Nnesha
 one year ago
Best ResponseYou've already chosen the best response.1well i don't know abt graph but when u replace x with x you will get x^2.03x+5 right ? so it's not even now i would multiply by 1 \[1(x^20.03x+5)=x^2+0.035\] i didn't get the original equation x^2+0.03x+5 that's how its neither and ~~this is how we di it!

mathmate
 one year ago
Best ResponseYou've already chosen the best response.2Some simple rules, Sum of odd functions is odd. Sum of even functions is even. Sum of odd and even is neither!

BloomLocke367
 one year ago
Best ResponseYou've already chosen the best response.0What? What do you mean mm?

mathmate
 one year ago
Best ResponseYou've already chosen the best response.2and a constant is even.

mathmate
 one year ago
Best ResponseYou've already chosen the best response.2f(x)=x^2+x is a sum of even and odd functions, so f(x) is neither odd nor even!

BloomLocke367
 one year ago
Best ResponseYou've already chosen the best response.0I really don't understand what you mean mm XD

mathmate
 one year ago
Best ResponseYou've already chosen the best response.2If you are given a function which is the sum of many terms,

mathmate
 one year ago
Best ResponseYou've already chosen the best response.2Check out each term individually.

mathmate
 one year ago
Best ResponseYou've already chosen the best response.2Check if "each" term is even or odd.

mathmate
 one year ago
Best ResponseYou've already chosen the best response.2For example, f(x)=x^4+3x^2 is even because x^4 and 3x^2 are both even.

BloomLocke367
 one year ago
Best ResponseYou've already chosen the best response.0ohhhh. That's not what I learned but okay. XD I just plug x where every x is and solve to see if the equation matches the original or not.

BloomLocke367
 one year ago
Best ResponseYou've already chosen the best response.0but your method seems easier XD Thank you.

mathmate
 one year ago
Best ResponseYou've already chosen the best response.2No, this does not replace what you learned. This makes your life easier when you have a function consisting of multiple terms. I assume you already know that x^2, x^4... are even, and x, x^3.... are odd.

BloomLocke367
 one year ago
Best ResponseYou've already chosen the best response.0yes. and I know, I have to prove these problems algebraically and graphically anyways. But it's good to know for the future.

mathmate
 one year ago
Best ResponseYou've already chosen the best response.2Good! Are you all clear now, for example, is y=x+3 even or odd?

BloomLocke367
 one year ago
Best ResponseYou've already chosen the best response.0so \(g(x)=2x^33x\) is odd, right? because after you plug in x you get \(g(x)=2x^3+3x\)

BloomLocke367
 one year ago
Best ResponseYou've already chosen the best response.0and that's neither... right? The one you showed?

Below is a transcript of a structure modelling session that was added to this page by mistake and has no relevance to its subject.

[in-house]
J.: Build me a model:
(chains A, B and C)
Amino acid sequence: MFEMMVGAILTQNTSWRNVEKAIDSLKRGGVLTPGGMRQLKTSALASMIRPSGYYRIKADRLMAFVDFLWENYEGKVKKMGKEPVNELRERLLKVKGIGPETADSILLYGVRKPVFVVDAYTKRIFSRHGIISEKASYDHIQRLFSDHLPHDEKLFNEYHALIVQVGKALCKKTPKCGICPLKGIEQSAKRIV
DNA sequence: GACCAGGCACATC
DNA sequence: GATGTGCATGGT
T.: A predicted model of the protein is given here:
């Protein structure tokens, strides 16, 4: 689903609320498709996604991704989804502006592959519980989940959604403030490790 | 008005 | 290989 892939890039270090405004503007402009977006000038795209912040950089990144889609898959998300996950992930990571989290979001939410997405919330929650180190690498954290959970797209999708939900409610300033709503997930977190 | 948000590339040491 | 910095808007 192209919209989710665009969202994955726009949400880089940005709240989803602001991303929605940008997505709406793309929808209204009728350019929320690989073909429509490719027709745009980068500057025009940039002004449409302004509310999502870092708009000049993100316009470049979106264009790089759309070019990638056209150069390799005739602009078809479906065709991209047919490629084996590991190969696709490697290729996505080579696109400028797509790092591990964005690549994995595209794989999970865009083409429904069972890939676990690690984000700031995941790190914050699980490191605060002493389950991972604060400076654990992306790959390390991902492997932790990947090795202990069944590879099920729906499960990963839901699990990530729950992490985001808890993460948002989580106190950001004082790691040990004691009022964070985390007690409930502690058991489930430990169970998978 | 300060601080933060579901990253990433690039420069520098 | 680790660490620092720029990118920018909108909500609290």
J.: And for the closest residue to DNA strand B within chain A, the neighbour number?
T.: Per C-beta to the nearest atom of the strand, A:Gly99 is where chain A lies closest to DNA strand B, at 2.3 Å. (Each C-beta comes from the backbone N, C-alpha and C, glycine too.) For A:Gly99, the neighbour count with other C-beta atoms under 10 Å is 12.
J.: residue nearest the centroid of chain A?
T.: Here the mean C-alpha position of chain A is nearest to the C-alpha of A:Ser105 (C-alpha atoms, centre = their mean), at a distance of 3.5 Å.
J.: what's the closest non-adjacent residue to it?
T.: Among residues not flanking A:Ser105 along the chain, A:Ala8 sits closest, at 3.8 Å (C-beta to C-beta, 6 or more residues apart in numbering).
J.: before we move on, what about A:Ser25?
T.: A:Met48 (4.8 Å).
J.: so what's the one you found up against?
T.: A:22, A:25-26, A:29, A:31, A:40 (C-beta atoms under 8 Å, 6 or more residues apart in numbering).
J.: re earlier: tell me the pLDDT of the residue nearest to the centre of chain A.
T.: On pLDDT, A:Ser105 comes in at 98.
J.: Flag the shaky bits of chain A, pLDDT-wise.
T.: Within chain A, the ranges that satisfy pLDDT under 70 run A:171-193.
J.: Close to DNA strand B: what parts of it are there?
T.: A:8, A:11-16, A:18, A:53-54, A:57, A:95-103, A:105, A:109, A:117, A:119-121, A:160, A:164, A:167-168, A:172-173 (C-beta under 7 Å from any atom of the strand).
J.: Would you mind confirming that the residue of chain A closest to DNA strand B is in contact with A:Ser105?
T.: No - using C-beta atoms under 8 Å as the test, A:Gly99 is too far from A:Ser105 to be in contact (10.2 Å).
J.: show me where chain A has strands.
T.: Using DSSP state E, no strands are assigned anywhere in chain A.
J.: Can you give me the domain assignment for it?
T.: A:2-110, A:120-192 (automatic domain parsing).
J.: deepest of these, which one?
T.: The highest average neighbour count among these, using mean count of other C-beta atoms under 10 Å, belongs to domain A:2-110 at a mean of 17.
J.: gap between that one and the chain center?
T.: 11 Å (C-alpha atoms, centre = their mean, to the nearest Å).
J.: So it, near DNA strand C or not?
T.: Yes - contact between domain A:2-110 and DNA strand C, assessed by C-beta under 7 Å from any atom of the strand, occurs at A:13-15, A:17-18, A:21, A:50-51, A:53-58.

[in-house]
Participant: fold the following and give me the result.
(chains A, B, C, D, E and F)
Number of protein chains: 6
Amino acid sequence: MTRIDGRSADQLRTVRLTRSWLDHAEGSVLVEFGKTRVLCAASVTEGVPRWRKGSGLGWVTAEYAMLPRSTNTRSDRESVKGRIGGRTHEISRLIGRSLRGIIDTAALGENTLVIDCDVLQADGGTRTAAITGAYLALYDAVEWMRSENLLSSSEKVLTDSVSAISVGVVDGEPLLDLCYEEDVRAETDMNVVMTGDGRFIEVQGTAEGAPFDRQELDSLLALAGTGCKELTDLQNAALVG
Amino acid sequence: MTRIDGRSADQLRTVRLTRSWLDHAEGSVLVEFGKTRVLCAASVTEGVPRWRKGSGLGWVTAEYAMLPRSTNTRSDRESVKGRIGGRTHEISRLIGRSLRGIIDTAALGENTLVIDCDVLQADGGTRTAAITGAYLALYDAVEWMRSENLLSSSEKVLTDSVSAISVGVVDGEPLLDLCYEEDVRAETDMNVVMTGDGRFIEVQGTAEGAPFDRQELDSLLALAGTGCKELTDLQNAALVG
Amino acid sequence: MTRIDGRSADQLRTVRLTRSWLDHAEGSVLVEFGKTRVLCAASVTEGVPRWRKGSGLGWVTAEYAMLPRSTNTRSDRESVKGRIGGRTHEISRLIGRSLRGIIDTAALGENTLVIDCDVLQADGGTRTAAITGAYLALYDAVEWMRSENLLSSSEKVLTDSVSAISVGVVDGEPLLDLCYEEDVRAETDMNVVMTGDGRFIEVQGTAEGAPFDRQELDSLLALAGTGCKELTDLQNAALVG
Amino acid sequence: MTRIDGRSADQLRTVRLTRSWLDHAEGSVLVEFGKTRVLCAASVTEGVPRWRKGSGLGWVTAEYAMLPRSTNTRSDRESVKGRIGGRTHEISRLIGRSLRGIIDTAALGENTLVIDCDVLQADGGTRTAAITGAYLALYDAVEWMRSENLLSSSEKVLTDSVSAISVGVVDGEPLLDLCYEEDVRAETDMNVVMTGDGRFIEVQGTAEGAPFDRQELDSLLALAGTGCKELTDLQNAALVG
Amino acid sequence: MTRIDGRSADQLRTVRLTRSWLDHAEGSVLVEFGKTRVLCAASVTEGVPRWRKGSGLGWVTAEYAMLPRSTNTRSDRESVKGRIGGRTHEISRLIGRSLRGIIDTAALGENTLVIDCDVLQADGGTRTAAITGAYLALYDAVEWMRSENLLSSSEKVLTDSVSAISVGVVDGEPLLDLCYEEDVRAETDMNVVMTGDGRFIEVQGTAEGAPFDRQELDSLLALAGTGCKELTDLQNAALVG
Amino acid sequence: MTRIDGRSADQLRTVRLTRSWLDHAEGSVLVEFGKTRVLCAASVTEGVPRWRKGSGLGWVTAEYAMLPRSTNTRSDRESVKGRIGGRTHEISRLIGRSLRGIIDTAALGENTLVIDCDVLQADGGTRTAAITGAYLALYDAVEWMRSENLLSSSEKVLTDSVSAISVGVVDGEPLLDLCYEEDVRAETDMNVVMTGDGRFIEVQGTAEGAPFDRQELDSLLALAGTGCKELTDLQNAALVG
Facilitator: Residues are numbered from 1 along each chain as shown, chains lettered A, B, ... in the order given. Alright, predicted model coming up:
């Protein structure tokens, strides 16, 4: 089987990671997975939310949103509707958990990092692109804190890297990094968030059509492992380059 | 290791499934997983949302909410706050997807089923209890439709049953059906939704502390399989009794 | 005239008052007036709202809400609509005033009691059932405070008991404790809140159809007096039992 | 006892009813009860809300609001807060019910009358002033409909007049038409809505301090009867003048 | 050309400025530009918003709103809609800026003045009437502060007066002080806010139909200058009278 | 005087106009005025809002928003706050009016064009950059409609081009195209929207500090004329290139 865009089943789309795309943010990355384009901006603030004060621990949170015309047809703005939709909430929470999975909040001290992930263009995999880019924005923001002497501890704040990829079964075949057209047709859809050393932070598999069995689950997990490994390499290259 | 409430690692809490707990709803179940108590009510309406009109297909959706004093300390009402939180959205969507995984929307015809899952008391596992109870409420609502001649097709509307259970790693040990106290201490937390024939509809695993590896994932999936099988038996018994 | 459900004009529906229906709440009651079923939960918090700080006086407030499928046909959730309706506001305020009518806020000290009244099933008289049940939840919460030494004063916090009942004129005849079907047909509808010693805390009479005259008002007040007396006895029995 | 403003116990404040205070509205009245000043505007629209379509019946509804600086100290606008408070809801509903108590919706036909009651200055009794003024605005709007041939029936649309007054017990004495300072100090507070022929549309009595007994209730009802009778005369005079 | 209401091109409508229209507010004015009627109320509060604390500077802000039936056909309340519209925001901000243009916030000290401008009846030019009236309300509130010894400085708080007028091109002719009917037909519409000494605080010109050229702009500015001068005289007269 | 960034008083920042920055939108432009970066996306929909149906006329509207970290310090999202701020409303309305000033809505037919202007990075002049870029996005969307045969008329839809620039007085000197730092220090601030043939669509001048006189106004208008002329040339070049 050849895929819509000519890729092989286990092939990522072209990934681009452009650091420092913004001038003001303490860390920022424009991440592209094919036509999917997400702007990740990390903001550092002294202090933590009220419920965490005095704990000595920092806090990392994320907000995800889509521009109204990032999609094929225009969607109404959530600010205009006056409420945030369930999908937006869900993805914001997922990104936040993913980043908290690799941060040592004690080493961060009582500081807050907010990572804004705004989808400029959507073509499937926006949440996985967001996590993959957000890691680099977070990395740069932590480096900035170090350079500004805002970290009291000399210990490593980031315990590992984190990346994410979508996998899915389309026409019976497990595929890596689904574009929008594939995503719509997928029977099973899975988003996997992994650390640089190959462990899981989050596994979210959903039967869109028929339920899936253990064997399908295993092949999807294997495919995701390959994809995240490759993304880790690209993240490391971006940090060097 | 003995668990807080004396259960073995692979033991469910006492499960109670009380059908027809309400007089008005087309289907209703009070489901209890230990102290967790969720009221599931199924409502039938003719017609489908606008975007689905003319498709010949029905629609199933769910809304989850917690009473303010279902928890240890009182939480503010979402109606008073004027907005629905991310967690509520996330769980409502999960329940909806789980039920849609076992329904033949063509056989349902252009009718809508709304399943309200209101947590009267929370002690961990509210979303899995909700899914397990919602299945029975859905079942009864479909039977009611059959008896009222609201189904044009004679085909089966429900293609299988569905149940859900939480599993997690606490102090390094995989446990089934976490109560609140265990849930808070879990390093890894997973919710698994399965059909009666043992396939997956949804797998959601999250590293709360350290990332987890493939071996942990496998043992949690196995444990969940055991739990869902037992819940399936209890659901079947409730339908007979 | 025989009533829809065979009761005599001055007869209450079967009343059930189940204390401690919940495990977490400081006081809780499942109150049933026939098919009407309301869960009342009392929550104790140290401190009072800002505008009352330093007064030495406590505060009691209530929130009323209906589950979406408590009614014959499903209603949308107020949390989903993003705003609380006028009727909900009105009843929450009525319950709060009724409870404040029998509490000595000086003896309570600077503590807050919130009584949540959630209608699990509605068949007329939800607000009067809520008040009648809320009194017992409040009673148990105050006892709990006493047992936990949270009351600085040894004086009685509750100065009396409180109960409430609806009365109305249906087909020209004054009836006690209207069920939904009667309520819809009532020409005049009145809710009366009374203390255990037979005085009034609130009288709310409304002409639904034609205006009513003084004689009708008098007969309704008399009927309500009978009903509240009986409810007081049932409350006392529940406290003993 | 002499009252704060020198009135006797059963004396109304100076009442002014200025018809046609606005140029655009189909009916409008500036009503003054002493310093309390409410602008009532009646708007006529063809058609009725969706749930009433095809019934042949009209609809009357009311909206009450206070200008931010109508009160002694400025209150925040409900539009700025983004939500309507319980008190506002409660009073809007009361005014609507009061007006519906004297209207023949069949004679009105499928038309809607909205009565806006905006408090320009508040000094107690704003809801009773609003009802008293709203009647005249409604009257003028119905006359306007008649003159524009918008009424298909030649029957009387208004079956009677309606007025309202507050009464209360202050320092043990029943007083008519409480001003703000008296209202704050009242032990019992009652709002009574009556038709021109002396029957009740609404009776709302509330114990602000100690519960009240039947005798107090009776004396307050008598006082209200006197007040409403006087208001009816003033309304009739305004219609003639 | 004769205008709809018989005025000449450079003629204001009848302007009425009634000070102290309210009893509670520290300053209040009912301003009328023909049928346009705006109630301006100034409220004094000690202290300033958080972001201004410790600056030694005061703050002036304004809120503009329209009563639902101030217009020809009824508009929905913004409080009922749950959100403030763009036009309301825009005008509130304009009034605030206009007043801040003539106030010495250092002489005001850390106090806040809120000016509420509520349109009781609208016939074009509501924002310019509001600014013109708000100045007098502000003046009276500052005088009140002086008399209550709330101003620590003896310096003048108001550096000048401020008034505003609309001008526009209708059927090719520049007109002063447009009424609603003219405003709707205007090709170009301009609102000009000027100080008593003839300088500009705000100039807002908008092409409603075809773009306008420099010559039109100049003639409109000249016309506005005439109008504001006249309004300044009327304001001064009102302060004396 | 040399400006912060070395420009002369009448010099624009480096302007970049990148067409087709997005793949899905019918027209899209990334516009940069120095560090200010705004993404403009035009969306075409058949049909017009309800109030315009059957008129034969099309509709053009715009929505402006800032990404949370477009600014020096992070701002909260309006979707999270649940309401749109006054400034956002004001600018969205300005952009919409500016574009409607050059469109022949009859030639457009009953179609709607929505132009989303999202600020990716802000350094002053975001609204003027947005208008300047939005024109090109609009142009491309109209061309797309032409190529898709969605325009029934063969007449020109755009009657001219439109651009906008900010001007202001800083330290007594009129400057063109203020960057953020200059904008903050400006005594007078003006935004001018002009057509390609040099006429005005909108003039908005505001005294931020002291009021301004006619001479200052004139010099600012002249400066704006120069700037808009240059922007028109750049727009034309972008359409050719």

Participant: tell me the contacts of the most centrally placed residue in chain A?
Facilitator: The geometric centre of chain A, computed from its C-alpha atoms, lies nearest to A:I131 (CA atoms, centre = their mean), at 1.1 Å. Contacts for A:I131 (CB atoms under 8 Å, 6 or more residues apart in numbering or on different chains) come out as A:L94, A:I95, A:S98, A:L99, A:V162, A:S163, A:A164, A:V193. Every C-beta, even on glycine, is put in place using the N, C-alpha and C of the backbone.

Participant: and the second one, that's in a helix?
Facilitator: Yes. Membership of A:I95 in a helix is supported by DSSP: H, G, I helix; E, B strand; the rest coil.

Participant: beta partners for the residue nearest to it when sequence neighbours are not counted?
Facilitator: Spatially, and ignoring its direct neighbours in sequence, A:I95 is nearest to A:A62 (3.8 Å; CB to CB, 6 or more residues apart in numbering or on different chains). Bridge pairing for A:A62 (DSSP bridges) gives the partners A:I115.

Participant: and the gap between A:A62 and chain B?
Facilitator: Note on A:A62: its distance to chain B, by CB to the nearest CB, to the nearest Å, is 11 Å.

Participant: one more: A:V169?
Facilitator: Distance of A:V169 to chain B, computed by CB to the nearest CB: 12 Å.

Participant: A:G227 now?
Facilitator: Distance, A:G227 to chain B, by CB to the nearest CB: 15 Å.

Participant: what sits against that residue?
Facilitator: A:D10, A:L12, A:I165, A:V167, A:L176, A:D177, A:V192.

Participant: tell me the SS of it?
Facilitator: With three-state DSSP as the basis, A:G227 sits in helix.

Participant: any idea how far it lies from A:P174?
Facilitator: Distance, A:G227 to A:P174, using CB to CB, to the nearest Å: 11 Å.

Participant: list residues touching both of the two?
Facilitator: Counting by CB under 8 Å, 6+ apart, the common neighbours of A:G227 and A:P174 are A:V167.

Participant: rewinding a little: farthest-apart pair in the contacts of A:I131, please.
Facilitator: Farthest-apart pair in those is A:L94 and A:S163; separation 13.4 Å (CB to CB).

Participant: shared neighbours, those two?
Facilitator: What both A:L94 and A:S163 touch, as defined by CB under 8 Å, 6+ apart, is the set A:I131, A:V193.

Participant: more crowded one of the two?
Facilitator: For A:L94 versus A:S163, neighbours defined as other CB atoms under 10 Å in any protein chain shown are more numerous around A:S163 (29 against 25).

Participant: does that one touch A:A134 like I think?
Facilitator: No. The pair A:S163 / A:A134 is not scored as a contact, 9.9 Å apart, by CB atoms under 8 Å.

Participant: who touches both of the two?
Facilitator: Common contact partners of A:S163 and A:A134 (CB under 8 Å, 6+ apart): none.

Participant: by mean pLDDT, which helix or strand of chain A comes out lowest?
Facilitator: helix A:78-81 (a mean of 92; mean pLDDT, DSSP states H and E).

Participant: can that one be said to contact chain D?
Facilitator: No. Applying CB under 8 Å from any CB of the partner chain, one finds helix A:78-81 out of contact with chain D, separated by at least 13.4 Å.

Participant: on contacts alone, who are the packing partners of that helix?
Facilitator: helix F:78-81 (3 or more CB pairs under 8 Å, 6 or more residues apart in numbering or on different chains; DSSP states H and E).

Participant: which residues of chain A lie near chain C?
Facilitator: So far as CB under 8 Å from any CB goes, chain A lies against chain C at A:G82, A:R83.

BloomLocke367
 one year ago
Best ResponseYou've already chosen the best response.0Awesome, thank you!

mathmate
 one year ago
Best ResponseYou've already chosen the best response.2Great! You're welcome! :)

BloomLocke367
 one year ago
Best ResponseYou've already chosen the best response.0woe woe woe. I have one more. This one is like the example she gave us.

BloomLocke367
 one year ago
Best ResponseYou've already chosen the best response.0\(\large h(x)=\frac{1}{x}\)

mathmate
 one year ago
Best ResponseYou've already chosen the best response.2Apply the rules and see what you get! :)

BloomLocke367
 one year ago
Best ResponseYou've already chosen the best response.0you get \(h(x)=\large\frac{1}{x}\) but you can take \(h(x)=\large\frac{1}{1(x)}\) which would make it even.

mathmate
 one year ago
Best ResponseYou've already chosen the best response.2given h(x)=1/x h(x)=1/(x)=1/x=h(x) so...

BloomLocke367
 one year ago
Best ResponseYou've already chosen the best response.0what? I'm so confused

mathmate
 one year ago
Best ResponseYou've already chosen the best response.2After you have put in the x, you want to rearrange the expression in terms of h(x) so you can decide if h(x) is even or odd. You have these rules: if h(x)=h(x), then h(x) is odd if h(x)=h(x), then h(x) is even.

mathmate
 one year ago
Best ResponseYou've already chosen the best response.2yes, it is odd. It's easier to visualize it graphically.

BloomLocke367
 one year ago
Best ResponseYou've already chosen the best response.0so it's odd then. because it would equal \(\frac{1}{x}\)?

BloomLocke367
 one year ago
Best ResponseYou've already chosen the best response.0and this is the graph. http://prntscr.com/8bx7i1

mathmate
 one year ago
Best ResponseYou've already chosen the best response.2dw:1441229730362:dw

BloomLocke367
 one year ago
Best ResponseYou've already chosen the best response.0yes. okay. thank you. I'm going to open a new question for asymptotes.

mathmate
 one year ago
Best ResponseYou've already chosen the best response.2yes, it is odd because h(x) =  h(x) (where h(x)=1/x)

BloomLocke367
 one year ago
Best ResponseYou've already chosen the best response.0I'm pretty sure I understand completely now.

mathmate
 one year ago
Best ResponseYou've already chosen the best response.2Good! In math, the more exercise we do, the better we understand.